Bell thrives on southern soil again

James Vince. Picture: Sarah Standing (170455-8793)

Vince relishing ‘second chance’

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Ian Bell continued his extraordinary love-in with the Ageas Bowl and declared: It’s the best wicket in the country.

The England batsman scored his second successive Test century at the venue, after becoming the first man to reach three figures at the ground in the Sri Lanka clash in 2011 with his unbeaten 119.

Ian Bell turns on the style with a reverse sweep against India at the Ageas Bowl

Ian Bell turns on the style with a reverse sweep against India at the Ageas Bowl

Having struck two one-day international centuries, and another four in county cricket, Bell is probably more at home here than if he was batting in his own back garden.

His 167, which included 19 fours and three sixes, was a fluent innings and Bell in full flow is perhaps the most watchable of any England batsman.

It also trumped Gary Ballance’s 156 as the top score, before Jos Buttler (85) added some quick runs to allow England to declare on 569 for seven.

With India 25 for one at the close, the tourists are still 544 runs adrift.

But Bell was full of praise for a pitch that is perfectly suited to him.

He said: ‘It’s obviously nice to come back to a ground you’ve played well at.

‘To me, this is not far off the best cricket wicket in the country now.

‘You get good bounce and nice pace so you can actually use the pace of the ball and play your shots.

‘But also as a bowler, you know you can get your bouncer down there and the nicks will carry.

‘Generally, the one-day wickets are outstanding and the Test wicket against Sri Lanka last time went through nicely. It’s a good cricket wicket again.

‘It’s going to be hard work for the bowlers because it is a good pitch.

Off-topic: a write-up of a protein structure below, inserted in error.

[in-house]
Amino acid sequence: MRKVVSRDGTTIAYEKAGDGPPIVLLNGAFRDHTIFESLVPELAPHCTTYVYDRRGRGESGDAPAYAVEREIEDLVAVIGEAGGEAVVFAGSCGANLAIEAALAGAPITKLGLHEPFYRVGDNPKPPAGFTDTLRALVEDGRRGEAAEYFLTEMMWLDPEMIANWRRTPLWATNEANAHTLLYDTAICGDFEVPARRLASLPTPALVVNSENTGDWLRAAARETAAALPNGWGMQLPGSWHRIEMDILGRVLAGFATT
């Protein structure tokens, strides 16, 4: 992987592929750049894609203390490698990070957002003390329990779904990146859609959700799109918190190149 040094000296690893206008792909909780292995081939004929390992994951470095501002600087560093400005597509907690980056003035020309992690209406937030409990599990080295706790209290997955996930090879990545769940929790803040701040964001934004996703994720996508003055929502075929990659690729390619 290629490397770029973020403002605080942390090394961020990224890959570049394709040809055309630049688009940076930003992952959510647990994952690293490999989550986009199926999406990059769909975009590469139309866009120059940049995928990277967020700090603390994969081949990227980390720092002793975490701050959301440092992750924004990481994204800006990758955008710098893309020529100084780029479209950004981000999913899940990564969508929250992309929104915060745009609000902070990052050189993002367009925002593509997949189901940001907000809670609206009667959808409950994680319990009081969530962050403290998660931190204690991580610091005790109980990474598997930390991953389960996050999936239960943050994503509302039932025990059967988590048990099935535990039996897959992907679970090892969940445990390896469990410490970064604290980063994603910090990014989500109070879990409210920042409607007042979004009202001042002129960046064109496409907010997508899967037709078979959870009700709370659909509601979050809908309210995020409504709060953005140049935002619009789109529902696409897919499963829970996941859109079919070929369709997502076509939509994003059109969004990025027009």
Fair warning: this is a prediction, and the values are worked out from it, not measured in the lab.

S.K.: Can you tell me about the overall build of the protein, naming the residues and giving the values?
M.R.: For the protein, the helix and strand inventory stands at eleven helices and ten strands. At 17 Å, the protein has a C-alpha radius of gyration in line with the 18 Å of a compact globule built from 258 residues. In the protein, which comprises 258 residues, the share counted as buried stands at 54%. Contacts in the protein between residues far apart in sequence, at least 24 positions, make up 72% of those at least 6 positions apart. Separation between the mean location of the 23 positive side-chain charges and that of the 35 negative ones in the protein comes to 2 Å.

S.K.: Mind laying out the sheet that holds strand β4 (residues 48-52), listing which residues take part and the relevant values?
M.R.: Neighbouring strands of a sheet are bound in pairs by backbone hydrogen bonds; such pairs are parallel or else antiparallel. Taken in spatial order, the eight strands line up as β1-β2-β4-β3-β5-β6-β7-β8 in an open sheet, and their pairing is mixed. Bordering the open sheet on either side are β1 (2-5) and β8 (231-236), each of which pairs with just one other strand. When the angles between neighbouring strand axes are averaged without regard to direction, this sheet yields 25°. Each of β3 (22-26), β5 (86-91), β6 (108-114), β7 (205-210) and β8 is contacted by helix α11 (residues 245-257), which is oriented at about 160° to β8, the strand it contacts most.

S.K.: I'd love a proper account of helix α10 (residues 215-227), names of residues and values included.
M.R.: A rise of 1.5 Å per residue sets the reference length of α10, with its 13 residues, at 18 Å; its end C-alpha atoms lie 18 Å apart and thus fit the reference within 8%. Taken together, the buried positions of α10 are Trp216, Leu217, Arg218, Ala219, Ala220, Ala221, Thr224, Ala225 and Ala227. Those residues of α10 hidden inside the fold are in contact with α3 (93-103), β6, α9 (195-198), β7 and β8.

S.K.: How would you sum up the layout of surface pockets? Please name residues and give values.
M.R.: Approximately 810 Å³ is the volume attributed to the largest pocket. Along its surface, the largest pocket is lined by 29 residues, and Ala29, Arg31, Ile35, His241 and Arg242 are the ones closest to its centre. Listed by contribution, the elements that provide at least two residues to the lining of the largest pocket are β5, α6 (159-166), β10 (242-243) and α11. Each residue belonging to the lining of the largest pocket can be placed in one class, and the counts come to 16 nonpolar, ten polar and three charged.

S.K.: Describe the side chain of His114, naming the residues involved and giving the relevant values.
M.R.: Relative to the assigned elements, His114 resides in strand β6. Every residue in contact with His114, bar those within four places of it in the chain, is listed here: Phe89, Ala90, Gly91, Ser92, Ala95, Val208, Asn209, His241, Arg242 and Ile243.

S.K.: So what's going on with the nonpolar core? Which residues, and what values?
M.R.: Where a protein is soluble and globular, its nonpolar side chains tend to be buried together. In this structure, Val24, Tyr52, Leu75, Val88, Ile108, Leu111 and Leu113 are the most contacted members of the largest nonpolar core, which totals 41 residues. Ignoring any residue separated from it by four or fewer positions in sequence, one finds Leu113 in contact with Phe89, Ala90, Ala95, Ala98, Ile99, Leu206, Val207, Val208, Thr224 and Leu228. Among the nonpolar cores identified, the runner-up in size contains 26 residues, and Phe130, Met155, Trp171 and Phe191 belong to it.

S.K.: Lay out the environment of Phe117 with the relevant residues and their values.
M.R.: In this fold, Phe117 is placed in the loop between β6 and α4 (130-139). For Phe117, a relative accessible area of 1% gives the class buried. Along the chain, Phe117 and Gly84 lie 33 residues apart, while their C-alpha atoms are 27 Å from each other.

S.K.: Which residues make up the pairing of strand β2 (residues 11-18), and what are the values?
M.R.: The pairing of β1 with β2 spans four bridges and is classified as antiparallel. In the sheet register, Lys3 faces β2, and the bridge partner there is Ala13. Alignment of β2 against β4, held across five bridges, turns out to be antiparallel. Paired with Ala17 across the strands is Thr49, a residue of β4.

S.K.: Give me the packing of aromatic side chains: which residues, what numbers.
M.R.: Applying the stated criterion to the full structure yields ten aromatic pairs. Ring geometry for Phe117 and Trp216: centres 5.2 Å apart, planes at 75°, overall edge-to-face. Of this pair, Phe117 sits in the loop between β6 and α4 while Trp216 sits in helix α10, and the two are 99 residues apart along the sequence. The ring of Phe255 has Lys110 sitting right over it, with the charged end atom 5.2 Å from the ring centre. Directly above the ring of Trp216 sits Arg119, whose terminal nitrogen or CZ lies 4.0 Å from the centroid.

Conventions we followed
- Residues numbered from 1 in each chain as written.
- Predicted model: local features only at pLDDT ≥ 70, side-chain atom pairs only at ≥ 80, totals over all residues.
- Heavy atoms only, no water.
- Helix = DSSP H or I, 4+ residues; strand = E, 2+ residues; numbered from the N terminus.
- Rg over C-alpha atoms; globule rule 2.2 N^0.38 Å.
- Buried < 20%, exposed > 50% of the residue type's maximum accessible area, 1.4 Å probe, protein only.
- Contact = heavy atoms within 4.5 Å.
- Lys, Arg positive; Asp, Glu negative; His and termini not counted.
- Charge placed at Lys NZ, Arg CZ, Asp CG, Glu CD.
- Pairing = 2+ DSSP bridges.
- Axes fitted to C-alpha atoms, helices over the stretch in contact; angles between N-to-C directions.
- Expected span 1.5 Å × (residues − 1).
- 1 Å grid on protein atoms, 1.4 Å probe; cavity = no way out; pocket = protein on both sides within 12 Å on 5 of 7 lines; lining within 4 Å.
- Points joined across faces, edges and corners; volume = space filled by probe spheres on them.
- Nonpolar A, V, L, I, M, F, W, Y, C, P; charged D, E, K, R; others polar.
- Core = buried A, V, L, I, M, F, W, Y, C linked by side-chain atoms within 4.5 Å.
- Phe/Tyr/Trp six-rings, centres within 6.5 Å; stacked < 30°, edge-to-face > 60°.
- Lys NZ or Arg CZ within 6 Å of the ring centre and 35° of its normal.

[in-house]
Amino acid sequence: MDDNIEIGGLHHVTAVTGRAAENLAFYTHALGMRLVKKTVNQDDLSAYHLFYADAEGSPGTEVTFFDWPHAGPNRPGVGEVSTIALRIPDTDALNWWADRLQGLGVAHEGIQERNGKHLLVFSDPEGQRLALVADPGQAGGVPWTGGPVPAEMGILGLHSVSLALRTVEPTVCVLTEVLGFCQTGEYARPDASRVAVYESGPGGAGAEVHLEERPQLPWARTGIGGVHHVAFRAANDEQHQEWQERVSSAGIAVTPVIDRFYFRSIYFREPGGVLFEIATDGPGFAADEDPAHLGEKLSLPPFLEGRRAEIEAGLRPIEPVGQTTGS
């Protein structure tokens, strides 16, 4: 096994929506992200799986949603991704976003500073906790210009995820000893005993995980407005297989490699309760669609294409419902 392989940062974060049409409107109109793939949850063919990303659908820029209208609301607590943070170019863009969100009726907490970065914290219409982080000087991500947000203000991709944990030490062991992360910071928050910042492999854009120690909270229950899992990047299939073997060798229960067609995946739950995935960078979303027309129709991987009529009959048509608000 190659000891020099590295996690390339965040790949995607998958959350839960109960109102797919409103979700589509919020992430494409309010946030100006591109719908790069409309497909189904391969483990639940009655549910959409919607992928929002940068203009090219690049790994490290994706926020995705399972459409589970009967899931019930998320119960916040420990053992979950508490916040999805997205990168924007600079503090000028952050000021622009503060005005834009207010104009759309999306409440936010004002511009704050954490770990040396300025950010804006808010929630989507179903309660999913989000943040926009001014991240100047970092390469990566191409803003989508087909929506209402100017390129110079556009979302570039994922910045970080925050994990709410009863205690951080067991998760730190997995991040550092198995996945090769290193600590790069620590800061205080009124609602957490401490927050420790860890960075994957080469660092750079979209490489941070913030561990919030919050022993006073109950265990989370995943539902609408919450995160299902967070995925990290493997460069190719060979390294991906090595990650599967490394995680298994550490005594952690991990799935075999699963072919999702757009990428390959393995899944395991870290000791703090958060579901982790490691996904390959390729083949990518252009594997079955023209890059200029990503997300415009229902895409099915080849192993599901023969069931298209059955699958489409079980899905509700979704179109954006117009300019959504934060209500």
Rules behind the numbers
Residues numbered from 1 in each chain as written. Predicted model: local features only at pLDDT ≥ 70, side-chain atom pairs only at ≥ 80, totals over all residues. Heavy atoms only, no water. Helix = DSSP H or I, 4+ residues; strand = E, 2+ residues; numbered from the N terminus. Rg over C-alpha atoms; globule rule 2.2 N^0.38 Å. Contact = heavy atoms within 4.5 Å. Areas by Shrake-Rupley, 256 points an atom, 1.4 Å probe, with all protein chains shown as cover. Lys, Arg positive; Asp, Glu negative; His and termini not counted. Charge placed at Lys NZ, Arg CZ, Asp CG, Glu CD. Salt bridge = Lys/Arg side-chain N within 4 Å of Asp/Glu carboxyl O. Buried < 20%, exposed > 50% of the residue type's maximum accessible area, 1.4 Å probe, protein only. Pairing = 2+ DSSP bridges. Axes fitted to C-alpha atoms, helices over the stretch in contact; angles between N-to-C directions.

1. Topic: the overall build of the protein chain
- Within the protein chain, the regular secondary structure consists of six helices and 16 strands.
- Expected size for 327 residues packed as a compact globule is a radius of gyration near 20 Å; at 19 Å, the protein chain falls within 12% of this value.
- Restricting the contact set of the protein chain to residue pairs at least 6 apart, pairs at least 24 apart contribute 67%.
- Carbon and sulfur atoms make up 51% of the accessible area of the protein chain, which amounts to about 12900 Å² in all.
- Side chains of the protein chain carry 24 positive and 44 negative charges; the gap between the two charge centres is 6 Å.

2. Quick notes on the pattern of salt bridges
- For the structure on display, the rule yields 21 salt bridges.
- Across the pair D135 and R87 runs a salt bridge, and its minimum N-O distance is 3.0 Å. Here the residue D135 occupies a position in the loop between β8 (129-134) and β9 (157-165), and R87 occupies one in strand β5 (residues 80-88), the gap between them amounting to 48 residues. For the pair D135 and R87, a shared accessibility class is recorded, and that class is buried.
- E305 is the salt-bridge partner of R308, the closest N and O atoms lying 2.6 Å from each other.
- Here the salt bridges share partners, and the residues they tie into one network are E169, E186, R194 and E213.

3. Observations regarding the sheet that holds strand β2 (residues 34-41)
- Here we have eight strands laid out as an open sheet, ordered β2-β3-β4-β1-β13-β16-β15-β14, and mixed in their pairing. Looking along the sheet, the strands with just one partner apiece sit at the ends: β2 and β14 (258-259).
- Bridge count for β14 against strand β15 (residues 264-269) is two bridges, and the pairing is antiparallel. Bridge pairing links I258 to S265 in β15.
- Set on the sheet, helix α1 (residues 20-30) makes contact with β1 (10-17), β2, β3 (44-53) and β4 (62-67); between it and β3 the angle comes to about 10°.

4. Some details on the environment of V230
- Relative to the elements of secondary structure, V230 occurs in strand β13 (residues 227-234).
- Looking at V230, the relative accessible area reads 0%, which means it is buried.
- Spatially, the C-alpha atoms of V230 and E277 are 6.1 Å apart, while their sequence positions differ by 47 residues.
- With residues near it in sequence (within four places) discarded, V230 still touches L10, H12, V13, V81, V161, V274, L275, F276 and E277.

‘There will be some deterioration and we will start to see a more spin.

‘If you do hit that pitch hard, there can be a little bit of movement.

‘India dropped a few catches and if they had held them, they would have had us in more trouble.

‘It’s a good Test pitch but we will have to put the ball in good areas.’

Much like it did for skipper Alastair Cook, the Ageas Bowl appears to have done its bit in helping them out of their respective slumps.

And after reaching his 21st Test century, Bell was delighted.

He said: ‘I feel like I have been playing well but finding strange ways to get out.

‘I’ve been getting starts but not going on, which is frustrating – especially when you feel like you are playing quite well.

‘It’s nice to go through and get a big hundred so hopefully we are in a good position now to push this game forward.

‘Your job in the top six is to score runs. Training hard and preparing well doesn’t guarantee results.

‘It’s nice to do that and contribute.

‘It’s been frustrating for all of us in the dressing room. We have created opportunities to win Test matches – we just haven’t taken them.

‘As a batting unit, we want to get back to those habits where we are 560 declared, rather than the bowlers getting us to 450.’

And now the emphasis switches to Jimmy Anderson, who collected the wicket of Shikhar Dhawan (six), Stuart Broad and the rest of the bowlers to run through the Indian batting line-up.

Bell said: ‘Those guys are trying as hard as they can. Hopefully, they will get the ball in good areas and the results will come.

‘As senior players, you want to use your experience and help guys on and off the field. The important thing is to contribute on the field.’